A sound trademark is a trademark where sound is used to perform the trademark function of uniquely identifying the commercial origin of products or services. The international representative "sound trademarks" include MGM's lion roaring at the beginning of its movies. Traditionally, excluding sound from the trademark is mainly because of the lack of visibility.
Streamlining trademark registration and protection in line with international standards, China amended its Trademark law in 2013, which allowed sounds to be registered as a trademark. Article 8 of the Amended Trademark Law which took effect on May 1.2014 stipulates that any signs, including words, graphs, letters, numbers, three-dimensional symbols, color combinations, sound or any combination thereof, that can distinguishing the goods of a natural person, legal person or other organization from those of others may be used for registration as trademarks.
To reflect changes brought by the revision of the Chinese Trademark Law in 2013, the State Administration for Industry and Commerce of China (SAIC) that has become part of State Administration for Market Supervision after Chinese government bodies were restructured in early this year, has published on 4 January 2017 a latest revision to the Trademark Examination and Review Guidelines. This revision provides criteria for examination of an application for registration of a sound trademark. Typically, the sound applied shall not be i) part of Chinese or foreign national anthem or similar rhythm with national anthem; or ii) religious music; or iii) features of violence or horror. In addition, a sound applied shall pose a distinctiveness, which is built up after long-term use. The trademark office has a power to require an applicant to present evidences proving the sound applied has been used on goods or services and such use has created a feature of distinctiveness. This implies that the key consideration of the trademark office is whether consumers form certain connections between a sound and the corresponding goods or service.
In February, 2016, about two years after trademark office start to accept applications of sound trademark, trademark office approved first sound trademark which is the signature tune of China Radio International. In August, 2016, the China Trademark Office approved the use of sound trademark "SOFY" on goods such as sanitary napkins by Unicharm, Co., Ltd, a Japanese company. It was a first sound trademark registered by a foreign company in China. It was reported that the Trademark Office had received more than 450 applications but only a few applications have been approved. This fact may reflect that traditional comprehensive examination of key elements may not suitable for sound trademarks as the inclusion of sound into trademark registration is an innovation, which raises a challenge to the Trademark Office. The recent lawsuit between Tencent and China Trademark Review and Adjudication Board (“TRAB”) demonstrated this challenge.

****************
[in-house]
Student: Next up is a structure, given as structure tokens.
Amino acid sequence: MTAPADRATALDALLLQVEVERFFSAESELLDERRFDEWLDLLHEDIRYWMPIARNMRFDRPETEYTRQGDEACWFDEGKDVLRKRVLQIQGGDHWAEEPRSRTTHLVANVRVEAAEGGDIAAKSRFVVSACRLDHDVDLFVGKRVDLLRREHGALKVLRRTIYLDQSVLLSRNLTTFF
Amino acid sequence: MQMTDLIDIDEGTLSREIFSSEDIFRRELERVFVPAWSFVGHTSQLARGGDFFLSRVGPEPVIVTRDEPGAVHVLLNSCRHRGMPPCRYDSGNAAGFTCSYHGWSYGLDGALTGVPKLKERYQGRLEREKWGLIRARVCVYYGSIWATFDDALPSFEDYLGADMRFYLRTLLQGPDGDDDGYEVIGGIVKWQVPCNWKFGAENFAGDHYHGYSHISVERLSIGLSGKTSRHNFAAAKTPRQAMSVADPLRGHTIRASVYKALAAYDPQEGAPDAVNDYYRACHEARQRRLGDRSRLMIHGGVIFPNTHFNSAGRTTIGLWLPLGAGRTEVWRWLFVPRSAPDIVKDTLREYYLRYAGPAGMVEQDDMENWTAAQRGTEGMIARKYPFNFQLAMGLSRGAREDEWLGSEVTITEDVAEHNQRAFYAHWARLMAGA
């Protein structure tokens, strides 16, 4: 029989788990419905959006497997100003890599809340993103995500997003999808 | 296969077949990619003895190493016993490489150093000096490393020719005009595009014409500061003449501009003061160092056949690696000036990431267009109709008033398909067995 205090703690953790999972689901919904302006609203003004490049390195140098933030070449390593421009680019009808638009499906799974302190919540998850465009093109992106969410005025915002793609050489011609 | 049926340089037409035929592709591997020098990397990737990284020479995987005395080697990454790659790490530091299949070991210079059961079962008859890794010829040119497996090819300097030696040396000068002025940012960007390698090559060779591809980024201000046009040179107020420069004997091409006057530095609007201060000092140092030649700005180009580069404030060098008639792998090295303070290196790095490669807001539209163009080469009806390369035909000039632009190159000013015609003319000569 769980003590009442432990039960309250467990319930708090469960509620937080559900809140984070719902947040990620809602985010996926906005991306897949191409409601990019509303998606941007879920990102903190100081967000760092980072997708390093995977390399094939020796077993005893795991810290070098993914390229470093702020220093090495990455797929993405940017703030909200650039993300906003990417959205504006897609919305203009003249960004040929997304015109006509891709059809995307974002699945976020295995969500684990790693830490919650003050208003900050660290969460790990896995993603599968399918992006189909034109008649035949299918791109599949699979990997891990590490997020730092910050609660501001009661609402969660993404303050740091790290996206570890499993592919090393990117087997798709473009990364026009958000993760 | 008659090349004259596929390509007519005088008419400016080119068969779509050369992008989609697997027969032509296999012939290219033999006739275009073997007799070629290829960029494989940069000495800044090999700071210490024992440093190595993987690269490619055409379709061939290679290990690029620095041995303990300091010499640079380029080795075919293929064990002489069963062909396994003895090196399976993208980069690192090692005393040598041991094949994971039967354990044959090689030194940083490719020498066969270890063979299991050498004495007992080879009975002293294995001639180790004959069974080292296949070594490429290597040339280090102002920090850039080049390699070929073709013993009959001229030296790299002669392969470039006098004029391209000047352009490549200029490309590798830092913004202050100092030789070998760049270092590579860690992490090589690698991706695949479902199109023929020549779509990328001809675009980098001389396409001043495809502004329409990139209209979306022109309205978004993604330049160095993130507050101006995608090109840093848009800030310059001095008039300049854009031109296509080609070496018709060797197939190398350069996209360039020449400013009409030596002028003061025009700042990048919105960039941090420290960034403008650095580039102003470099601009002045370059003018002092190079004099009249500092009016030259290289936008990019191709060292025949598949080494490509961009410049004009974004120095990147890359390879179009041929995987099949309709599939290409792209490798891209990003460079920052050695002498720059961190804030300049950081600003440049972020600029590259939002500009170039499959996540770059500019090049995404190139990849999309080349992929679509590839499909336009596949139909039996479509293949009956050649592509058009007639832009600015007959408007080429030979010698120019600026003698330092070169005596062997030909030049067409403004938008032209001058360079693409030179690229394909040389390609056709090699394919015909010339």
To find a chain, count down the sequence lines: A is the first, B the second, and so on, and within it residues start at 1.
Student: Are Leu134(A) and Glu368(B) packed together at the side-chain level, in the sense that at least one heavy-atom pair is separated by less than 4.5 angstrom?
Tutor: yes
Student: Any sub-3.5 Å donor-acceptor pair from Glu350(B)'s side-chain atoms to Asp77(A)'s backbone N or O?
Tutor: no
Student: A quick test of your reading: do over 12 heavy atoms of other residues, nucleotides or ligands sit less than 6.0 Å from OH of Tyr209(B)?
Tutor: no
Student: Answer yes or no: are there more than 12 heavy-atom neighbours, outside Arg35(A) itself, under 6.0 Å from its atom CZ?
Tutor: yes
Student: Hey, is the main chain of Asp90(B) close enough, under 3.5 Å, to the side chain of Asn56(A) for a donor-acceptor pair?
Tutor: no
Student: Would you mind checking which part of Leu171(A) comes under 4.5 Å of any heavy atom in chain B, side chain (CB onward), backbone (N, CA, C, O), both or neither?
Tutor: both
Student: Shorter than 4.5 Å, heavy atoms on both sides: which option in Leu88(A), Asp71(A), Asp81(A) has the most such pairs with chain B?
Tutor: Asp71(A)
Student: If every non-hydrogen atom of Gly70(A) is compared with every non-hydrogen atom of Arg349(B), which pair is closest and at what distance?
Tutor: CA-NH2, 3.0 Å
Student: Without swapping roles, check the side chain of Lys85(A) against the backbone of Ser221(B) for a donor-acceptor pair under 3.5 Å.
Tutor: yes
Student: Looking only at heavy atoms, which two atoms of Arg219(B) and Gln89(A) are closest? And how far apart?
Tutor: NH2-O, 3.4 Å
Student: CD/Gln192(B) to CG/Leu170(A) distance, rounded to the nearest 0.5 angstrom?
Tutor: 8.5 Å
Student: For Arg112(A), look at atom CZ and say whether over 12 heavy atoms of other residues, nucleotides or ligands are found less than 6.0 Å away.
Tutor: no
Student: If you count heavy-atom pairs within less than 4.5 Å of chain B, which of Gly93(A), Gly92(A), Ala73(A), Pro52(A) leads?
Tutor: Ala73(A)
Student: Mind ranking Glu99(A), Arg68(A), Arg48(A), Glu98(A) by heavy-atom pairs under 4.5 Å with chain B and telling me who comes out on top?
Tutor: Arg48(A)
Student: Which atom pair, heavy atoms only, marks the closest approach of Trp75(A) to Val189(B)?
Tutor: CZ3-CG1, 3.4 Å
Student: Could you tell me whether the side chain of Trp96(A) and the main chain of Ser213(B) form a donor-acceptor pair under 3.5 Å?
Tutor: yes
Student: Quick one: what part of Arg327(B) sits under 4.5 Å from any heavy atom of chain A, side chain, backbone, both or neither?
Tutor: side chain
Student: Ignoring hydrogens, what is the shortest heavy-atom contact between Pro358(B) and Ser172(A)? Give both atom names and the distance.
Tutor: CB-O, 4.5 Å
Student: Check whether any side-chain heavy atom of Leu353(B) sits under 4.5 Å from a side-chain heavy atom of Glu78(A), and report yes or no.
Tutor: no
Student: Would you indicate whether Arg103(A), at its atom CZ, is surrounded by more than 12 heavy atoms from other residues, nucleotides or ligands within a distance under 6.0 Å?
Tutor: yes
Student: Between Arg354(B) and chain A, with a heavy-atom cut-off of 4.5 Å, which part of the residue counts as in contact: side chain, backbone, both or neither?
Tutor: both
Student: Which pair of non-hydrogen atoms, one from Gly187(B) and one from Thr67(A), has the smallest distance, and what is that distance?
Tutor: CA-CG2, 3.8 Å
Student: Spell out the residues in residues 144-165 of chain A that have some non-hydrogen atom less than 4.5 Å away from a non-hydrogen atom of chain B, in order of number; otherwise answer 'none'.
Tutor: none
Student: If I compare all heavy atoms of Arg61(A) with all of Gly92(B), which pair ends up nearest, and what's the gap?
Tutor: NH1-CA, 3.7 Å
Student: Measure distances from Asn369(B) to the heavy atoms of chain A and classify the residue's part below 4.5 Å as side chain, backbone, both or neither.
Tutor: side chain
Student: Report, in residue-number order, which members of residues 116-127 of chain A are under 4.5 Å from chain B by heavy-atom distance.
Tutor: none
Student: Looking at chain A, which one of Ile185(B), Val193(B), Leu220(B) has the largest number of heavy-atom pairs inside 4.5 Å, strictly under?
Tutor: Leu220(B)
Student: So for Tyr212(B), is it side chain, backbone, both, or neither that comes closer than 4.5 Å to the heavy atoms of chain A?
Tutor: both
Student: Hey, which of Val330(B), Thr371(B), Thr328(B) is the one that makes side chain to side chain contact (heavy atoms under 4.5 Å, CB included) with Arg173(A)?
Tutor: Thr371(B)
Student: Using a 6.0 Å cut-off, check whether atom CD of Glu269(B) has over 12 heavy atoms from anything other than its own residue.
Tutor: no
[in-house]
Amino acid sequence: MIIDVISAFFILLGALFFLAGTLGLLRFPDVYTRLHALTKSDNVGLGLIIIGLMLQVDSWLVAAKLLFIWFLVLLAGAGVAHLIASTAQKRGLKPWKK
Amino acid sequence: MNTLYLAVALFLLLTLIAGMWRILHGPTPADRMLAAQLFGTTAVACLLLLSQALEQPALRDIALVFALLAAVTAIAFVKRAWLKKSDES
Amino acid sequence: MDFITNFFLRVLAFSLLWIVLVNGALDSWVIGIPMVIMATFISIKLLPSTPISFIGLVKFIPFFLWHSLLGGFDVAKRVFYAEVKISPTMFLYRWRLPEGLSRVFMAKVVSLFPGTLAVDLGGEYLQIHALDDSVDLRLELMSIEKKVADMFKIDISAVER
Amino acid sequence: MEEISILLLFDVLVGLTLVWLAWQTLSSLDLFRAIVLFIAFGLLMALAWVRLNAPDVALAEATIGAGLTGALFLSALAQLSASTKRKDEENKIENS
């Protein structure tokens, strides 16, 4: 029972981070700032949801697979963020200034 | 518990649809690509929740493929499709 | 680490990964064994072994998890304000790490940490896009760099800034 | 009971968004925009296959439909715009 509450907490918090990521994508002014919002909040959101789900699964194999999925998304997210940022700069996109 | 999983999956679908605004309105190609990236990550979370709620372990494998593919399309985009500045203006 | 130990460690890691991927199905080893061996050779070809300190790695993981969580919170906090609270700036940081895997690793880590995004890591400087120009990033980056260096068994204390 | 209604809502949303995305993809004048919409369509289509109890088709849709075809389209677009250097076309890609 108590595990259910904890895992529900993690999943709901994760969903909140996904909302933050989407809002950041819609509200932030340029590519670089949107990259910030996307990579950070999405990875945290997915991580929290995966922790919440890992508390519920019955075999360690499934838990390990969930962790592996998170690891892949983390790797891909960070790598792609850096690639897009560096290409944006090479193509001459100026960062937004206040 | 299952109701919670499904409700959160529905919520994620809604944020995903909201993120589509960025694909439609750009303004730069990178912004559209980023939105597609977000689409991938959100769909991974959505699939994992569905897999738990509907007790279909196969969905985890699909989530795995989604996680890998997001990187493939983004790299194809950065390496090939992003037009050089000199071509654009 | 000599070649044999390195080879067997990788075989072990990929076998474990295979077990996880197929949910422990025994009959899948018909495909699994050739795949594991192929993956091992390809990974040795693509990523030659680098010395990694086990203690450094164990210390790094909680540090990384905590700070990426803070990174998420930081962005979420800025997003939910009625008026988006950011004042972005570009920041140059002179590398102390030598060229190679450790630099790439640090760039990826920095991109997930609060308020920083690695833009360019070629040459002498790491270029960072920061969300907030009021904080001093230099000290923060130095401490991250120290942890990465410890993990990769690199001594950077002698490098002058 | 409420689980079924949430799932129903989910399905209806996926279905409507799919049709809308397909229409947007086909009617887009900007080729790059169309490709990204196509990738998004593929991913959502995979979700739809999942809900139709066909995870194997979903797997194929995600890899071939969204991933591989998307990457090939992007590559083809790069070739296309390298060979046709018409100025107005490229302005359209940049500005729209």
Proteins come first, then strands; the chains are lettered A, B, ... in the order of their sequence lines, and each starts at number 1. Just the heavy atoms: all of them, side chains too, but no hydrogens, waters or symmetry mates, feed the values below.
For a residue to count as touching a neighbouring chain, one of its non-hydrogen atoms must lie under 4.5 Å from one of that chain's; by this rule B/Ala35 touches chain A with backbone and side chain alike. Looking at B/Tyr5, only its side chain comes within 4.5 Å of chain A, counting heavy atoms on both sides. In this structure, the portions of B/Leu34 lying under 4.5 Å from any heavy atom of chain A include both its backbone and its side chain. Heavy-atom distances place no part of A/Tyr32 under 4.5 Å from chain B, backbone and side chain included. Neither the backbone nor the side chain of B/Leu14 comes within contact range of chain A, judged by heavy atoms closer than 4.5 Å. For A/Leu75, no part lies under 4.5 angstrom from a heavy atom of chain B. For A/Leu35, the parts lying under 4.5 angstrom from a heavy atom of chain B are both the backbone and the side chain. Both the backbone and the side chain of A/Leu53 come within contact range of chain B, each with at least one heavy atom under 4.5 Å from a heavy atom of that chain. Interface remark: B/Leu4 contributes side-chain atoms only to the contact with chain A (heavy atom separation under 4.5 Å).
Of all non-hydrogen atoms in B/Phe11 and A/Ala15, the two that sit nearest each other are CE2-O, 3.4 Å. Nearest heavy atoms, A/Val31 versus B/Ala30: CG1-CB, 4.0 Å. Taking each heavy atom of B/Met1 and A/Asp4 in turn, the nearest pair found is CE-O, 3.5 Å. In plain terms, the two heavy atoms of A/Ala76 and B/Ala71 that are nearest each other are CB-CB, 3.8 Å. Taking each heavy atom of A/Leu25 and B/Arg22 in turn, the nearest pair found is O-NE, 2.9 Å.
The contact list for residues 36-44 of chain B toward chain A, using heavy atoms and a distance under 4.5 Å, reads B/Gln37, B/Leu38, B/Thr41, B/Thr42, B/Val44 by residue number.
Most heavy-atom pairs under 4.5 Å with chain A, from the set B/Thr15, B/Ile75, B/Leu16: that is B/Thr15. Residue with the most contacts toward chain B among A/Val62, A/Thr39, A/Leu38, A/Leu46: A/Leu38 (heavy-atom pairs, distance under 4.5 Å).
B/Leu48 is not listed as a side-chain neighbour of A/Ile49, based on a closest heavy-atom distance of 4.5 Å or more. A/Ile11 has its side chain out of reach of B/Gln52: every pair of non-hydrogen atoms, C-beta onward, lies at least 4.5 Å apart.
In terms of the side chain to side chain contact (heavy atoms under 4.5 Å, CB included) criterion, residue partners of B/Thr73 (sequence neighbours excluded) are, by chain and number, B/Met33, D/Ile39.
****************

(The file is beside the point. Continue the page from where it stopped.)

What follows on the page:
On May 4, 2014, Tencent Company filed an application for the mark “DiDiDiDiDiDi”, a notification sound upon arrival of a message during the running of Tencent QQ application, but its application was denied. Tencent appealed to TRAB who sustained the refusal on April 18 2016. TRAB took a view that i) the sound was too simple to have an originality; ii) the sound only represented one of functions that the software contained; iii) the sound could hardly distinguish the source of service because the beeping sound lacked distinctive traits.
Dissatisfied with TRAB’s decision, Tencent filed a lawsuit with the Beijing Intellectual Property Court (“ Beijing Court”) on the ground that i) Tencent QQ’s application is a popular instant massager with the notification sound used to identify the arrival of messages ii) the beeping sound has been used for a long time and consumers could directly link the sound to Tencent’s QQ product or services; iii) the sound composed of six same signals, which was neither too long nor too simple, is distinctive enough to distinguish Tencent’s service from other service sources; iv) TRAB has no legal basis to use “originality” as a criteria for examination of sound trademark.
On April 27, 2018, the Beijing Intellectual Property Court rendered a judgment in favor of Tencent. Beijing IP Court ruled that the evaluation of distinctiveness of non-traditional marks such as sound marks should take into considerations additional factors such as complexity of elements and duration of the sound mark. Although the sound element "di" is simple, the sound composed of six high-pitch "di as a whole had sprightly, quick and continuous auditory perception, which is uncommon in daily life. As a result, it is not a "simple" sound.
The Court further ruled that through its long-term and extensive use, the software QQ has a very large market share with high reputation, which helps to enhance the distinctive character of the sound.
The public has come to immediately link such sound with Tencent’s QQ app, and thus has acquired distinctiveness through use. Accordingly, holding that the sound can function to identify the “messaging” service, the Court revoked the TRAB’s decision.
In conclusion, compared with traditional trademark, the examination of sound marks application may be more complicated and the Trademark Office may need time to find out and shape suitable approaches to dealing with examination of sound mark.